So far, the mechanisms of dopaminergic cell loss in PD are not fully understood. However, accumulating evidence indicates that both genetic and environmental factors are involved in PD pathogenesis. Environmental factors, including exposure to pesticides [9], history of head injuries [10], rural residence, and the use of Beta-blockers [11], have been reported to be associated with the development of PD. Besides, the genetic heritability of PD is estimated to be around 22.7% [12], indicating an important role of genetic factors in this disease. Approximately 5–10% of PD cases are attributed to autosomal dominant or recessive inheritance [13], and several pathogenic genes such as SNCA, LRRK2, PARK2, and PINK1 have been identified [12]. Nevertheless, mutations of these genes only explain a small proportion of PD cases, yet most PD cases develop a non-Mendelian form due to a combination of genetic and environmental factors. To identify risk variants for PD, several genome-wide association studies (GWAS) have been conducted and multiple risk loci have been identified [12, 14,15,16,17,18], providing some novel insights into the genetic architecture of PD. However, challenges remain in elucidating the genetic mechanisms of PD. First, the majority of the PD risk variants identified by GWAS are located in noncoding regions [19], suggesting that they might confer the risk of PD by regulating gene expression rather than directly changing the coding sequences of genes. This hypothesis is supported by a recent discovery that PD-associated variants are enriched in regulatory regions [19]. Second, identifying functional variations in the risk loci and elucidating their regulatory mechanisms remain difficult due to the complexity of linkage disequilibrium (LD) and gene regulation.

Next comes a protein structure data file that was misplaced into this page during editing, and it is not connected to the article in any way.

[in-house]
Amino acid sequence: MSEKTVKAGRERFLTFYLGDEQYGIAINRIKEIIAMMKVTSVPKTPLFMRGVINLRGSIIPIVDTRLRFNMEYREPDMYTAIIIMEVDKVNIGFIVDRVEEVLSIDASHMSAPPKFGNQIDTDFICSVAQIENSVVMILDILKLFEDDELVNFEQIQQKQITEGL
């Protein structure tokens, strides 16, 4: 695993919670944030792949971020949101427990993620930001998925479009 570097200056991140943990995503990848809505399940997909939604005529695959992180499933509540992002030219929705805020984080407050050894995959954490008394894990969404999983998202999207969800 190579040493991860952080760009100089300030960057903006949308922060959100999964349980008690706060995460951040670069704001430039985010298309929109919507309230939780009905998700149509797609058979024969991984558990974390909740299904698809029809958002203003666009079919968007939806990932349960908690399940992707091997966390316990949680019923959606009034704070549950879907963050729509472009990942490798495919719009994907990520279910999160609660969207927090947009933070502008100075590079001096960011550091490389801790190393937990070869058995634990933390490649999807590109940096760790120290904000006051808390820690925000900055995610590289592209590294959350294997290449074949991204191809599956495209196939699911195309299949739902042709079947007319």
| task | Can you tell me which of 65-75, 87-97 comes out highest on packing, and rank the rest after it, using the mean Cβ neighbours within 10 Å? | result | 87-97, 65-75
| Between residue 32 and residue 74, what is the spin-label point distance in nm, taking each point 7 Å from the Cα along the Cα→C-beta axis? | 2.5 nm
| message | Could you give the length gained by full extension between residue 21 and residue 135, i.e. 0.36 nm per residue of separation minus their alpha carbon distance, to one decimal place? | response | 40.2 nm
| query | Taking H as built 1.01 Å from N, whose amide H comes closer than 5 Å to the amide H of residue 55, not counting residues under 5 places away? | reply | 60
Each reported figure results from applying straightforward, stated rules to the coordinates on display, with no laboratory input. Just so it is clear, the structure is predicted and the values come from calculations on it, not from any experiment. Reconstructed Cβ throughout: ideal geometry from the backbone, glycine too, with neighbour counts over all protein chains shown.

To address these challenges, we have herein systematically performed the first functional genomics study of PD. Through integrating chromatin immunoprecipitation sequencing (ChIP-Seq) and position weight matrix (PWM) data, we identified 44 TF binding-disrupting SNPs in 11 PD risk loci. We further validated the regulatory effects of 15 TF binding-disrupting SNPs with a series of experiments, including reporter gene assays, allele-specific expression (ASE), transcription factor (TF) knockdown, and CRISPR-Cas9-mediated genome editing. In addition, we also prioritized the potential target genes of these TF binding-disrupting SNPs using eQTL analysis. Finally, we compared the expression levels of the prioritized target genes in PD cases versus controls using expression data from a recent study by Marshall et al. [20]. Our study demonstrates the complex regulatory structure of PD risk variants (including widespread disruption of CTCF binding), identifies novel target genes regulated by the functional PD risk variants, and shows expression dysregulation of several target genes in PD cases. These results provide potential targets for the development of novel diagnostic and therapeutic strategies for PD.